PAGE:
My understanding was that the traditionalists would simply argue that the Pope falsely discerned the calling of the Holy Spirit. Don't trads believe that the Holy Spirit leads the Church to convene *legitimate* ecumenical councils? Or does the church simply hold councils and approve whatever the Holy Spirit happens to be allowing at that moment? Or is the Holy Spirit only acting in the Pope when he decides to approve such councils?


19 posted on 11/04/2004 1:36:34 PM PST by dangus
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To: dangus

I guess post 16 answers that the correct selection is the last. Makes sense.


20 posted on 11/04/2004 1:39:29 PM PST by dangus
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To: Maximilian

>>The New Mass is the direct result of the process set in motion by Sacrosanctum Concilium. A preliminary version of the New Mass was already introduced in 1964 while Vatican II was only halfway over, and it certainly represents both "the spirit of Vatican II" and "the spirit of the New Mass." So the council fathers had plenty of time to complain if they thought that their program was being taken off track. A very few did complain, like Cardinal Heenan, the primate of England. The rest were only too eager to go along with the revolution, including such luminaries as Bishop Fulton Sheen in Rochester.<<

And let's no forget Archbishop Lefebvre!

Sriously, no, the N.O. mass is not a necessary conclusion of Vatican II. It may be considered a fruit of the council, but was not a part of the council. The distinction is very necessary.


21 posted on 11/04/2004 1:42:36 PM PST by dangus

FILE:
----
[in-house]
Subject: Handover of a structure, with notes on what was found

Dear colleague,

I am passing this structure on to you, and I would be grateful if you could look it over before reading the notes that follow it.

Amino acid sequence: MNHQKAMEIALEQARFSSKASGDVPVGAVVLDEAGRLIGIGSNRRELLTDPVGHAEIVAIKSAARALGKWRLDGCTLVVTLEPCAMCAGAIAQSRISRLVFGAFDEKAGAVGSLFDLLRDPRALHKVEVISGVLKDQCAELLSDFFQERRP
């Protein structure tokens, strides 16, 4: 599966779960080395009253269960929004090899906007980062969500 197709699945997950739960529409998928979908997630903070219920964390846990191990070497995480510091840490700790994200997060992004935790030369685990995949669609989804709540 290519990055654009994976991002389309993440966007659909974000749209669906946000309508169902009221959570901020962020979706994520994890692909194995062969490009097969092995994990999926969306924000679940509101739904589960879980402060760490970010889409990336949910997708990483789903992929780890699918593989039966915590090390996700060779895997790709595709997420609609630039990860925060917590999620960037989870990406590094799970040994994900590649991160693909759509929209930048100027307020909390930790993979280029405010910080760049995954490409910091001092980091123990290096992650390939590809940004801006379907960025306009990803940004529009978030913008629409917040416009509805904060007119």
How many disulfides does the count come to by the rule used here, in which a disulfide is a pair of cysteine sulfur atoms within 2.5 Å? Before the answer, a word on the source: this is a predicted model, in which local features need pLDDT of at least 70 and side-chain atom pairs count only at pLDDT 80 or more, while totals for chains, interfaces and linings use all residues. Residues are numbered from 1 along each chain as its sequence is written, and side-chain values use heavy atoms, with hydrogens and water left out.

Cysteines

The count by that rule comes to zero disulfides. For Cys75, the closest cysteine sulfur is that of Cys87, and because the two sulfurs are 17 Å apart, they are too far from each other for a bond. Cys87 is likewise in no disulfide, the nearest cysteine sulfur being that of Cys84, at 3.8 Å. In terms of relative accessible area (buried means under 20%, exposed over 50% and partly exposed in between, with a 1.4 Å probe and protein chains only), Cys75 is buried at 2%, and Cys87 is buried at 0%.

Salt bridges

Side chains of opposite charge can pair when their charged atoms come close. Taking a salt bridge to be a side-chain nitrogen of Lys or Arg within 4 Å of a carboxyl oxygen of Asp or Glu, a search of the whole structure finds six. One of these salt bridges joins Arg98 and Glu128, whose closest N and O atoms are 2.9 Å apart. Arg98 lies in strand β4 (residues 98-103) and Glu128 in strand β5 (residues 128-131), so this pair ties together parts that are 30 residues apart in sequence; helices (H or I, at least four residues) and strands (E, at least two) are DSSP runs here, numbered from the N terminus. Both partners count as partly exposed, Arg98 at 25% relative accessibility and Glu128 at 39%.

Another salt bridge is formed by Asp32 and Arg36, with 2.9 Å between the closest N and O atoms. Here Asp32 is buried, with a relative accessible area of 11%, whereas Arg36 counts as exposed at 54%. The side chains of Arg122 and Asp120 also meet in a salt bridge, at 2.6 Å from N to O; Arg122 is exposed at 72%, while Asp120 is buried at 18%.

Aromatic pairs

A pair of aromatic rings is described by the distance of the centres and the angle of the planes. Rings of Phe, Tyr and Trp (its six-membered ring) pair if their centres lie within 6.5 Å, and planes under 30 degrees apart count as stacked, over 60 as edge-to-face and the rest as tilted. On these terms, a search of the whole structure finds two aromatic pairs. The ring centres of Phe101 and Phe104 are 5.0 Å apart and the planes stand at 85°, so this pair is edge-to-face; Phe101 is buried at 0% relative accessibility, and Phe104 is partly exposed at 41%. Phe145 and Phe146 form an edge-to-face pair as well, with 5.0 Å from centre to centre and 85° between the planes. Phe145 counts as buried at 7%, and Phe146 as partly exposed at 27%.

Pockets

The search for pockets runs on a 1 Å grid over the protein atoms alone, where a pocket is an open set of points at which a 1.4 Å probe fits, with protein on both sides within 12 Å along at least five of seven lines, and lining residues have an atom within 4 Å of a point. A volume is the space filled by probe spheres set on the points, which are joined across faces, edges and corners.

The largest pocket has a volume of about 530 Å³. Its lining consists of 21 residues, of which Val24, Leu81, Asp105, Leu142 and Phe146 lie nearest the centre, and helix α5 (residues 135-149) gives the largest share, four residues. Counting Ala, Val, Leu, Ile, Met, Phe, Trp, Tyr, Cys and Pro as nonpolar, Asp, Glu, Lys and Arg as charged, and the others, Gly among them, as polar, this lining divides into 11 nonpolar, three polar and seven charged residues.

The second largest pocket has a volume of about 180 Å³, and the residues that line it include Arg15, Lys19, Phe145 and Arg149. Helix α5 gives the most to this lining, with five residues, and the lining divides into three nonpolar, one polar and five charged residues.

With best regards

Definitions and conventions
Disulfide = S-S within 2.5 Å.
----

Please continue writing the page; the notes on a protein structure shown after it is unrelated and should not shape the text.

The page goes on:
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To: dangus
It may be considered a fruit of the council, but was not a part of the council. The distinction is very necessary.

To me this sounds a lot like the old phrase about "a distinction without a difference." Why do you say the distinction is necessary, and what is significant about it?

I would agree with your phrase "the fruit of the council." As we all know, "A good tree does not bear bad fruit, nor does a bad tree bear good fruit."

22 posted on 11/04/2004 1:55:52 PM PST by Maximilian
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To: dangus

Oh, I am quite certain that the Bugnini Committee and Pope Paul VI thought they were approving a liturgy in conformity with Sacrosactum Concilium. Perhaps they had forgotten to read the document. Or perhaps disobedient bishops using communion in the hand, under both species, altar girls, facing the people, lay lectors, women lay lectors, etc. etc. were not foreseen by either Pope Paul VI or Sacrosactum Concilium, as these things happened after the missal (which is defective compared to the 1962 missal) was issued.